The Last Words of Military and Revolutionary Leaders
Accused of espionage and subversion, Policarpa ‘La Pola’ Salavarrieta turned to face the Spanish firing squad. There was to be no fatal shot in the back, as was customary for traitors of the crown. Instead, La Pola, with her dying words, inspired her fellow Colombians to break free from Spanish oppression and rise up in revolution. She shouted:
“Although I am a woman and young, I have more than enough courage to suffer this death and a thousand more!”
The dying are rarely as brave as La Pola of Colombia. It’s not often they get an opportunity to speak their final words. Here are five of my favorite quotes attributed to the fatally wounded or the soon-to-be-executed.
Sanada Yukimura aka Sanada Nobushige
A Japanese samurai warrior of the Sengoku period and one of Japan’s most famous warriors. He had a great many nicknames which included the ‘Crimson Demon of War’ and ‘The Last Sengoku Hero’. His final battle was at the siege of Osaka. Mortally wounded, he stumbled onto the field removing his helmet. As he finally collapsed onto the ground he is reported to have said:
“I am Sanada Nobushige, no doubt an adversary quite worthy of you, but I am exhausted and can fight no longer. Go on, take my head as your trophy.”
A more dramatic retelling had Sanada shout “Who dares to take my head?”.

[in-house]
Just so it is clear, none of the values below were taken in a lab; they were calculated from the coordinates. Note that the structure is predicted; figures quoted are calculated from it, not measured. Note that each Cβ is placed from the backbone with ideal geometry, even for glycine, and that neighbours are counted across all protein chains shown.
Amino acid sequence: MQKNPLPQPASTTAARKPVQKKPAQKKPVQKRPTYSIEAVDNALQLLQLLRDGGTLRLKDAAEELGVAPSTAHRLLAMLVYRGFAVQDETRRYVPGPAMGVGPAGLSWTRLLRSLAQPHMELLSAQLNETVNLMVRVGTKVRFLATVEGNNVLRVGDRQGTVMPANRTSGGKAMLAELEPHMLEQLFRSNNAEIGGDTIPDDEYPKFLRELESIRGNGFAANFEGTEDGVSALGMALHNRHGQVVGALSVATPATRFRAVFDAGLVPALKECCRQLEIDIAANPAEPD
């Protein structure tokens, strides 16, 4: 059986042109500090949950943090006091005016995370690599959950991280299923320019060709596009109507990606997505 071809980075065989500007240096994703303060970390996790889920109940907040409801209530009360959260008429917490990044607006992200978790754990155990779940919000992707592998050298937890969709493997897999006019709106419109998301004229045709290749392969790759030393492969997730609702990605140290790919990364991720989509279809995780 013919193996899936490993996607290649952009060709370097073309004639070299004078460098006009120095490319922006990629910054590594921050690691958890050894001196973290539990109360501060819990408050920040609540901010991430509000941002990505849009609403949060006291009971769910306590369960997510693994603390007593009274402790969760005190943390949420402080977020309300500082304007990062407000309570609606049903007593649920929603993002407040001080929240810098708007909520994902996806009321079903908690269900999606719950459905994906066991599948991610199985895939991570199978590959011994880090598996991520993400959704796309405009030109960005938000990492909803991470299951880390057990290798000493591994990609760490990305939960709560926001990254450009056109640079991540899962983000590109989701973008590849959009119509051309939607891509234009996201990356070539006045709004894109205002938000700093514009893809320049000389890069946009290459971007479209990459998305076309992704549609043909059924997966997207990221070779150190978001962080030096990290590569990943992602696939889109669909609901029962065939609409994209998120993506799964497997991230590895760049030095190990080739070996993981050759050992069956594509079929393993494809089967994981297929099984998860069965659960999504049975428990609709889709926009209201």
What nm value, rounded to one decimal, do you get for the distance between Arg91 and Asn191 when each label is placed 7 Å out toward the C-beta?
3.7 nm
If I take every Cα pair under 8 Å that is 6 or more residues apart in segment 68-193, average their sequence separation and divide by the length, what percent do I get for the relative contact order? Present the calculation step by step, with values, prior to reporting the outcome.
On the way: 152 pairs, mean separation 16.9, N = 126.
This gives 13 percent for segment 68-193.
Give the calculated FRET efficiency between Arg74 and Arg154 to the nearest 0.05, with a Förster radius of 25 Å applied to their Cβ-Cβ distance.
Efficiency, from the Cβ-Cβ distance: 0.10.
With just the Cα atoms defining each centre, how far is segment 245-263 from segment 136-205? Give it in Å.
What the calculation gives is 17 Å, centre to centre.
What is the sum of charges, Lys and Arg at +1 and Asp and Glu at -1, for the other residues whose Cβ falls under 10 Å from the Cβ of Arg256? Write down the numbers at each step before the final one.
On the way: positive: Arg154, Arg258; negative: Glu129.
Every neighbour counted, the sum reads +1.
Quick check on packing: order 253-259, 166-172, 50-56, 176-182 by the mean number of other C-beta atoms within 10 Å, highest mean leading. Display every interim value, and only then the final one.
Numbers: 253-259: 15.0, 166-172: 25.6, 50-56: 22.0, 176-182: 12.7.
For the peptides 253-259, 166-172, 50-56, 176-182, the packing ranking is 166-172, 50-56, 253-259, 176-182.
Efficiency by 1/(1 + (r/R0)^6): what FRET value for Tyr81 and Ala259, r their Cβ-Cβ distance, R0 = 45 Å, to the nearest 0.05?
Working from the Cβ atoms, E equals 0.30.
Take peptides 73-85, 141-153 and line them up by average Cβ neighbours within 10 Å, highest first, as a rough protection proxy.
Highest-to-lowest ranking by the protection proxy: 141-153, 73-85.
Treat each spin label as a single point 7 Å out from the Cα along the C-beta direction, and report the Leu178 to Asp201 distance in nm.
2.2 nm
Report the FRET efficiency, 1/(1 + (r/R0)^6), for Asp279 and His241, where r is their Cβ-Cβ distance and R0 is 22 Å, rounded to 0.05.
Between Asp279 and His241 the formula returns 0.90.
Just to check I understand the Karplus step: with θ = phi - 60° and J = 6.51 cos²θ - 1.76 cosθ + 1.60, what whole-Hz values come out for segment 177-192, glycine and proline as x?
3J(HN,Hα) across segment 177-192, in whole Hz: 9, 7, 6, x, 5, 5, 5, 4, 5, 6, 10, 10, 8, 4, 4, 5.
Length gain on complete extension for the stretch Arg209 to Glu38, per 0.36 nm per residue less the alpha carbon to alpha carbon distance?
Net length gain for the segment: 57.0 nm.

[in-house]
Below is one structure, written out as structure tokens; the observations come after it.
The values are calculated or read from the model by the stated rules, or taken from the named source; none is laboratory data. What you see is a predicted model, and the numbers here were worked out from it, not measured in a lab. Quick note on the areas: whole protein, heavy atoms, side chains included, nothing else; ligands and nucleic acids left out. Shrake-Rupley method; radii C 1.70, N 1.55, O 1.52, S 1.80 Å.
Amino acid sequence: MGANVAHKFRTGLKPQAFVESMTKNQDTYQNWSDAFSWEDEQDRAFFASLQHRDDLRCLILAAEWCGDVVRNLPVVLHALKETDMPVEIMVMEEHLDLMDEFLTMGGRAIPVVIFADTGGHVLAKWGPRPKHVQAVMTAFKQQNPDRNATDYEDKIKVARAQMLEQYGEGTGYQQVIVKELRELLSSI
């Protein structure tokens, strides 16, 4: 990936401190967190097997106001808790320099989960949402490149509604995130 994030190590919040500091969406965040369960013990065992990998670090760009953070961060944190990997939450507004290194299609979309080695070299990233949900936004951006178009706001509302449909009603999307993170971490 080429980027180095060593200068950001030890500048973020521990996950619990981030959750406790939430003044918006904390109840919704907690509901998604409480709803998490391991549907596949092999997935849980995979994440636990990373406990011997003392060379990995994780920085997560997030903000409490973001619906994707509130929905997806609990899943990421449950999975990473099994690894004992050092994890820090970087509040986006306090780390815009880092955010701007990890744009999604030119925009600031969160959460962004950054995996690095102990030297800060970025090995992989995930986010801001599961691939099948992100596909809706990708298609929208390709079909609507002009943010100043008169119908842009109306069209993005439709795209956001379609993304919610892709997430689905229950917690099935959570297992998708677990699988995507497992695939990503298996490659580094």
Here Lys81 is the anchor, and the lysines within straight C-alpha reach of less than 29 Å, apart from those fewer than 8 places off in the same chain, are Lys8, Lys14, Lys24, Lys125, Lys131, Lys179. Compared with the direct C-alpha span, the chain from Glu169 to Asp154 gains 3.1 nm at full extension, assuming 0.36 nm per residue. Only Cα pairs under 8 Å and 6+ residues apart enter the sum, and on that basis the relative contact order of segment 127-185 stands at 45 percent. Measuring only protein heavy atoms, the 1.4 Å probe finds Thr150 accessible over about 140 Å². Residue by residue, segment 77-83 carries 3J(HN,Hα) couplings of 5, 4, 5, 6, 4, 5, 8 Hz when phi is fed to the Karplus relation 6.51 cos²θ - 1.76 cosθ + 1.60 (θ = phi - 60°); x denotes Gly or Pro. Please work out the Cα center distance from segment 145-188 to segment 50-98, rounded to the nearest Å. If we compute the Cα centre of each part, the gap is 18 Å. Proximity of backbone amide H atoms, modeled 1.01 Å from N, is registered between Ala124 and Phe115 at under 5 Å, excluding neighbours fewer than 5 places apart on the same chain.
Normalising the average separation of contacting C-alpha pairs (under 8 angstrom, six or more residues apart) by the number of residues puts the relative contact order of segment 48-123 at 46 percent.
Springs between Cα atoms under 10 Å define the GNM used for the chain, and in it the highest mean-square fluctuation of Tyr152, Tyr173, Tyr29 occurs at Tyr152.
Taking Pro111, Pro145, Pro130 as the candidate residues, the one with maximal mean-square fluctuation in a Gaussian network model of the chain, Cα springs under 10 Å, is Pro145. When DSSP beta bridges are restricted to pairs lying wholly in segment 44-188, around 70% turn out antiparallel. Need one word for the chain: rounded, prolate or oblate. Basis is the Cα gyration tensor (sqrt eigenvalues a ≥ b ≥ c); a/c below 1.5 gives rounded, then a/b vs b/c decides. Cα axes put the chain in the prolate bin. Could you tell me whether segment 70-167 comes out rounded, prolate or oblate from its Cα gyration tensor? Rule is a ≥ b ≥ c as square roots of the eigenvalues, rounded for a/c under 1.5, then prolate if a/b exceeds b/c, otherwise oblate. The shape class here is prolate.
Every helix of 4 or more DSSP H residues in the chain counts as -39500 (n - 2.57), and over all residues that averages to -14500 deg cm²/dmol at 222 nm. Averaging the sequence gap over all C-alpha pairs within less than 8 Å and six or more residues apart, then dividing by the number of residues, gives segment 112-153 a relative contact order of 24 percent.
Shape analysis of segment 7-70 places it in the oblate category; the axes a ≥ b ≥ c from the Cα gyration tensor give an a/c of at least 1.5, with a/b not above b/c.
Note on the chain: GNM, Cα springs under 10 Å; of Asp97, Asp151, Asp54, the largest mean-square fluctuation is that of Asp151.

Union General John Sedgwick
One of my favorite last lines that invoke all the stupidity of war and the black humor of a classic tragicomedy. The General was inspecting artillery entrenchments when his skirmish line came under haphazard fire from Confederate sharpshooters approximately 1000 yards away. Not one to cower too easily when under fire, the General uttered these famous last lines:
“What? Men dodging this way for single bullets? What will you do when they open fire along the whole line?”
And when the firing continued, he proudly boasted:
“Why are you dodging like this? They couldn’t hit an elephant at this distance.”
No sooner had he finished speaking when a single bullet from a sharpshooter struck him under his left eye killing him instantly. At the rank of Major General, Sedgwick would eventually become the highest-ranking Union General killed in combat during the Civil War.
Henry Frederick, Prince of Wales
Poor Henry wasn’t actually killed in battle but his last words are to die for. During the build-up to his sister, Elizabeth’s wedding, Henry was stricken with typhoid fever. When he was asked if he was in pain, his last reply was:
“I would say ‘somewhat,’ but I cannot utter it.”
His funeral was attended by over 1,000 people and his death was widely regarded as a tragedy for the nation.
Henri de La Tour d’Auvergne, Viscount of Turenne
You know your time has come when a great big bloody cannonball smashes you to the ground. Henri, insides pulverized, shocked, and barely able to breathe, uttered this immortal line:
“I did not mean to be killed today.”
Oh Henri, no one means to be killed! It was one of the first shots fired in his final battle at Salzbach 1675.
A Czech national hero, Žižka is held to be one of the most renowned military leaders by many historians. Unfortunately, his death didn’t occur in battle but of the plague in 1492 on the Moravian frontier. His dying wish was:
“Make my skin into drumheads for the Bohemian cause.”
No one can confirm if his troops did indeed use his skin as a death note marching into their battles.